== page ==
From: Sandor Spruit (email@example.com)
Date: Fri Jun 30 2000 - 01:45:09 PDT
On Thursday, June 29, 2000, 1:08:38 PM, you wrote:
Kragen> Nicolas Popp writes:
>> I am not sure I understand your point. All I am saying is the type of
>> distributed search that lets the destination control the answer to a query
>> based on inconsistent criteria (the one that the destination decides upon)
>> is likely to produce low quality results. I am not saying that all search
>> engines do.
>> Google is the perfect example of a centralized search engine. . . .
Kragen> Google summarizes other people's assessments of page quality
Kragen> --- as expressed by whether or not those other people choose
Kragen> to link to the page --- to determine its rank. While the
Kragen> search engine itself and the PageRank computation are
Kragen> centralized, the decisions that determine whether a page is
Kragen> valuable or not are distributed over the whole knot of the Web
[Note: I haven't really read all the stuff about Gnutella yet; just
got a vague impression of what it does]
What I was wondering while I read this: why don't we have a whole
bunch of distributed search engines yet ? Isn't it *weird* that an
activity that lends itself so well for both distributed and parallel
processing is still almost exclusively handled by some handful of
commercial companies ?
Wouldn't searching be much easier if there would be, say, an Apache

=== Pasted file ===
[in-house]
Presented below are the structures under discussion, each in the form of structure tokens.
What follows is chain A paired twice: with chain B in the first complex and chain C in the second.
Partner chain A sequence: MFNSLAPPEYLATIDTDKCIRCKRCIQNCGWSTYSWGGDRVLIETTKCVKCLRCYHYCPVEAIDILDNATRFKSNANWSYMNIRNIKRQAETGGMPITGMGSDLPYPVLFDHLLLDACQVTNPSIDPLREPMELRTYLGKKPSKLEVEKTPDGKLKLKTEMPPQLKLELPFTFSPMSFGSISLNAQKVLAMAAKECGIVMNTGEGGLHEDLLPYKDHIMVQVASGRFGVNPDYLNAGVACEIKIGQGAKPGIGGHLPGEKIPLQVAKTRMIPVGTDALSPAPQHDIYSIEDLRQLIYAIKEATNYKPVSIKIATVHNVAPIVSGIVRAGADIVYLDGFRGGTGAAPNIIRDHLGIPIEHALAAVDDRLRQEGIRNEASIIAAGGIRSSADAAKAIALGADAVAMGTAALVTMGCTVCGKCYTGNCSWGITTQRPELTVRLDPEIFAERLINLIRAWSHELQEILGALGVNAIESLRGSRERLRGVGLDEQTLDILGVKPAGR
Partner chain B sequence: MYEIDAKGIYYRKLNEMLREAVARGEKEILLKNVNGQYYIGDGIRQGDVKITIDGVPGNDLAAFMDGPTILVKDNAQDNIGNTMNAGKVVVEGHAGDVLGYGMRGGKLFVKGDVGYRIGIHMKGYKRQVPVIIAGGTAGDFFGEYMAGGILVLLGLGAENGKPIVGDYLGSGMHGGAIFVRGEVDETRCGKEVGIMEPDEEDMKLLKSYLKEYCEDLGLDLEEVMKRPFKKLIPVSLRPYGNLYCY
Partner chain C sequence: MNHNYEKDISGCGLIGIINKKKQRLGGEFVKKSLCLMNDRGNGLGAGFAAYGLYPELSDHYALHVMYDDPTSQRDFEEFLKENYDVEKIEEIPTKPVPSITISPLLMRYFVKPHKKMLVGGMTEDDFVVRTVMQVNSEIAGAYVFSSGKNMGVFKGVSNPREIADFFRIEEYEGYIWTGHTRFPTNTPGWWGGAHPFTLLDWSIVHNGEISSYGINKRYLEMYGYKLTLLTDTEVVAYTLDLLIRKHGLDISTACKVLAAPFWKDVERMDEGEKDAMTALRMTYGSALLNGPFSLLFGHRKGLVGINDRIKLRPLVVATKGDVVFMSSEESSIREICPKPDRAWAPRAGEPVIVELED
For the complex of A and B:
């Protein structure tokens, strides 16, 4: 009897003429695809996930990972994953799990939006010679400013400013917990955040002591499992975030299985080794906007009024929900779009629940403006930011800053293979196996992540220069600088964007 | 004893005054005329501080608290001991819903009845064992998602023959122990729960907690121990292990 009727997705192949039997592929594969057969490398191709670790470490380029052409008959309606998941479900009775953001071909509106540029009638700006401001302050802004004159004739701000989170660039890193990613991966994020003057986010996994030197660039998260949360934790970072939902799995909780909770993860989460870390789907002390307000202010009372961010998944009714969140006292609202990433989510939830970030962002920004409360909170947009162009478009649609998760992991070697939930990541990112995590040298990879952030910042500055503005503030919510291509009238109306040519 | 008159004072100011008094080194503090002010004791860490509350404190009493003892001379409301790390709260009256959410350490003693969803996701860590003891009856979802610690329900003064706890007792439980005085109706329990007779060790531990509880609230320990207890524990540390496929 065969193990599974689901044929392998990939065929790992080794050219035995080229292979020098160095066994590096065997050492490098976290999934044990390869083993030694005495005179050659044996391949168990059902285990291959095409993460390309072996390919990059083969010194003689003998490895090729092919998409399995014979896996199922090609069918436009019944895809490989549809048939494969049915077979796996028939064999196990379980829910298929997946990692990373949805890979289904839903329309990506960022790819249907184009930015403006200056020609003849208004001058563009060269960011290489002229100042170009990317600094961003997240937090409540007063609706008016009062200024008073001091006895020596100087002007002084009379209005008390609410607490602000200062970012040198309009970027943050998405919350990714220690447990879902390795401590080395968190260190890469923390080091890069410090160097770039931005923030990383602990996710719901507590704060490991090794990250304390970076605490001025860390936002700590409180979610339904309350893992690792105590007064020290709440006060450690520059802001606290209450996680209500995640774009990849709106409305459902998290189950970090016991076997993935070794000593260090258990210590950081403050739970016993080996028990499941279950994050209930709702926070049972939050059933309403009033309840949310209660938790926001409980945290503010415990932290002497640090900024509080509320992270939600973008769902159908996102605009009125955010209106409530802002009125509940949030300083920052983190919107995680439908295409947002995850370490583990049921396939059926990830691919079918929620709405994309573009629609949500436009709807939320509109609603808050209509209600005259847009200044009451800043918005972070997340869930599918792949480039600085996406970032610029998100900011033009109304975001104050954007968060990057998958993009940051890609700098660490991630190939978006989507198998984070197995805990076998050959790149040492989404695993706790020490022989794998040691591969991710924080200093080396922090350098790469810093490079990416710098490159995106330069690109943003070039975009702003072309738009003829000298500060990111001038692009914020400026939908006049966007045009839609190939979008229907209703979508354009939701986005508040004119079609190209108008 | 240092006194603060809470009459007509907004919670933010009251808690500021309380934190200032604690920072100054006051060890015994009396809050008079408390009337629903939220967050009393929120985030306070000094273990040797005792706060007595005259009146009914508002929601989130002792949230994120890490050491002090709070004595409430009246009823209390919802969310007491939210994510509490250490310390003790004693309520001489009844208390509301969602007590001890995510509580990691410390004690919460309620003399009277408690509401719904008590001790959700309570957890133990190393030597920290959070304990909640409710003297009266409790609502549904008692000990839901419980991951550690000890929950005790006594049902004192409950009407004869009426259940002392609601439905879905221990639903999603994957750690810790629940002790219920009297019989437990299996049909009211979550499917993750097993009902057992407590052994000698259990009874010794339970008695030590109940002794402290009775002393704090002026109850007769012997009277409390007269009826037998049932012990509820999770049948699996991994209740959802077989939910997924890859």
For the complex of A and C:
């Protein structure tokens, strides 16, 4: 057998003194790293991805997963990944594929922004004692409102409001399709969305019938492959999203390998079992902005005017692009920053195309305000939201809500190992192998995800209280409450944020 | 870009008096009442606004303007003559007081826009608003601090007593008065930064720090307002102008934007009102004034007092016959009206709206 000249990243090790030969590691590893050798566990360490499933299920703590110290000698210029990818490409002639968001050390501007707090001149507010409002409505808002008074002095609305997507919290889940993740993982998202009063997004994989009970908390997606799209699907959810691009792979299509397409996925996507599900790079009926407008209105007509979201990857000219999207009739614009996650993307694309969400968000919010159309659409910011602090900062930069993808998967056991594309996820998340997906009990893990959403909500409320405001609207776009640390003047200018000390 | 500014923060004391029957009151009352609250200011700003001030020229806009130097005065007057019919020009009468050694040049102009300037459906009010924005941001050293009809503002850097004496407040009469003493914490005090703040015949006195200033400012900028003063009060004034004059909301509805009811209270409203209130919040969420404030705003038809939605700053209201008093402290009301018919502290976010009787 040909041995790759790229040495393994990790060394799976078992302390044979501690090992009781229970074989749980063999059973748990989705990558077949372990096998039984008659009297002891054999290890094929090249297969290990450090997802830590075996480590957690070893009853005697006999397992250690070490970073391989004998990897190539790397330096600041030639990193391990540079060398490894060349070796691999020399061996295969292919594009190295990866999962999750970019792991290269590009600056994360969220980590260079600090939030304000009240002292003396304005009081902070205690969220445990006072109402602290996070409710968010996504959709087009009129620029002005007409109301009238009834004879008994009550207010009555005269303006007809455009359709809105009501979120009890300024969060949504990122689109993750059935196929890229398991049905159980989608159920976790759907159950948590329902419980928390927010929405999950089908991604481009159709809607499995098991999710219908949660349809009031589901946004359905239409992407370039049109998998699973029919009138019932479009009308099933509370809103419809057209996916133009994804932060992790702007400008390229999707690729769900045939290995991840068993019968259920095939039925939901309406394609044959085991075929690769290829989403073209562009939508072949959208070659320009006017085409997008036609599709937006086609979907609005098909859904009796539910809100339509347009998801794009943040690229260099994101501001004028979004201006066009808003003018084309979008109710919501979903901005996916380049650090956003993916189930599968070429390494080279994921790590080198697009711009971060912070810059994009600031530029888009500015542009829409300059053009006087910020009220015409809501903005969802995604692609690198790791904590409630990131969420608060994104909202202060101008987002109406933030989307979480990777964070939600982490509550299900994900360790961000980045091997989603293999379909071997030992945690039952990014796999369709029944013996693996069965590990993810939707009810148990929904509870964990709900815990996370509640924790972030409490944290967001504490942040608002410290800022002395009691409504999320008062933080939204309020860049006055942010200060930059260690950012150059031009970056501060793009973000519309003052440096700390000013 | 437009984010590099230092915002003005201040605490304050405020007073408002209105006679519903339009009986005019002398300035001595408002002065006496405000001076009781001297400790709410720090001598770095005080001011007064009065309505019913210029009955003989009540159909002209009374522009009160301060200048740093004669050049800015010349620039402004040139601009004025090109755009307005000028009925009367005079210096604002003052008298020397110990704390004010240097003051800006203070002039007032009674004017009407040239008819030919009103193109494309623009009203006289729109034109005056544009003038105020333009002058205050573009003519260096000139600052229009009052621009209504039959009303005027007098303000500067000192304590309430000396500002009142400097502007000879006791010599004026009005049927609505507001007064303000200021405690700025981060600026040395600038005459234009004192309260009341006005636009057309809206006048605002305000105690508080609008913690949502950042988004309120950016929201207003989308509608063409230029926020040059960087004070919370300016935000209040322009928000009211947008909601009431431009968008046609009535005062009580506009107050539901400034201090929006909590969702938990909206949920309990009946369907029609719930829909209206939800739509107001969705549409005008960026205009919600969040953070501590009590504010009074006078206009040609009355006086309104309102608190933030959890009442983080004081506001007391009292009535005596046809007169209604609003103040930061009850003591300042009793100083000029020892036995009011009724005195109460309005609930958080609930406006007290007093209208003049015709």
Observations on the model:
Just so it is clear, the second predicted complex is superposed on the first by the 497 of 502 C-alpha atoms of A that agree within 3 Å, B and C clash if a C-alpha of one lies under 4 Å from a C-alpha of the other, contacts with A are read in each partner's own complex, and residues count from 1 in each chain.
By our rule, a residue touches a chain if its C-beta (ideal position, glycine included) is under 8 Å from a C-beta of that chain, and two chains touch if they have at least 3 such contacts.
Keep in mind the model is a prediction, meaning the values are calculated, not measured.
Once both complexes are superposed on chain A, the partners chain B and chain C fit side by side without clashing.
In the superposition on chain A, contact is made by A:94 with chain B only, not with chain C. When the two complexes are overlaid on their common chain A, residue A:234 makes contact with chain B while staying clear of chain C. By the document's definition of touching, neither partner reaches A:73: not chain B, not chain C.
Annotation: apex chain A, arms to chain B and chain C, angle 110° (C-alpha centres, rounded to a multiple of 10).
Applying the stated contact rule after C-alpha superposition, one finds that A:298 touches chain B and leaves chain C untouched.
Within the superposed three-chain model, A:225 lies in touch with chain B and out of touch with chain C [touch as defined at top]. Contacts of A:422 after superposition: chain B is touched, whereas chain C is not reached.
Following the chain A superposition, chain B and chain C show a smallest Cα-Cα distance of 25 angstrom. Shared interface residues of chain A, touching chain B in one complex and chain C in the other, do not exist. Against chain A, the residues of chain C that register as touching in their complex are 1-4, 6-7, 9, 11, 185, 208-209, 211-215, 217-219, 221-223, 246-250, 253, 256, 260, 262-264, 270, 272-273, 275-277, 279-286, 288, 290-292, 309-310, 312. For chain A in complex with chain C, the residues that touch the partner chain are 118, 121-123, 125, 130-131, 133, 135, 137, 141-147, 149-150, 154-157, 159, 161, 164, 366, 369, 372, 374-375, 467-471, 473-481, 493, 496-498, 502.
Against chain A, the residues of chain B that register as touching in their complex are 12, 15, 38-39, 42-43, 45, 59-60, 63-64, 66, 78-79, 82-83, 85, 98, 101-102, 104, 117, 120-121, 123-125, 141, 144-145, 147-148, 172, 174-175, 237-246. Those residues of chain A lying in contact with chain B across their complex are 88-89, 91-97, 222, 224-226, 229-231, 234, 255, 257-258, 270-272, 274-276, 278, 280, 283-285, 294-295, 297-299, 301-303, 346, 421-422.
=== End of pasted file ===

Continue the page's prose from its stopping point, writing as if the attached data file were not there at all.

indexing module that could dynamically query other known servers in
its environment ? Some search engines seem to work surprisingly well
on huge numbers of pages. What if dozens of people would apply the
same technology on their own servers and have them communicate ?
I know or at least suspect from what I've read that this is basically
part of what Gnutella - or Freenet for that matter - is all about. But
why hasn't this happened before, given the fact that *all* ingredients
seem to have been around for ages: free webserver, search engines that
can be installed locally. All that is missing is a decent protocol (I
understand Gnutella's not great) that efficiently sends both queries
and results around without causing too much traffic. Not that this is
an easy thing to do, but still ...
-- ir A.G.L. Spruit, Utrecht University, the Netherlands Institute of information and computing sciences "There is a bit of magic in everything, and then some loss to even things out" (from: Lou Reed, "Magic and Loss")
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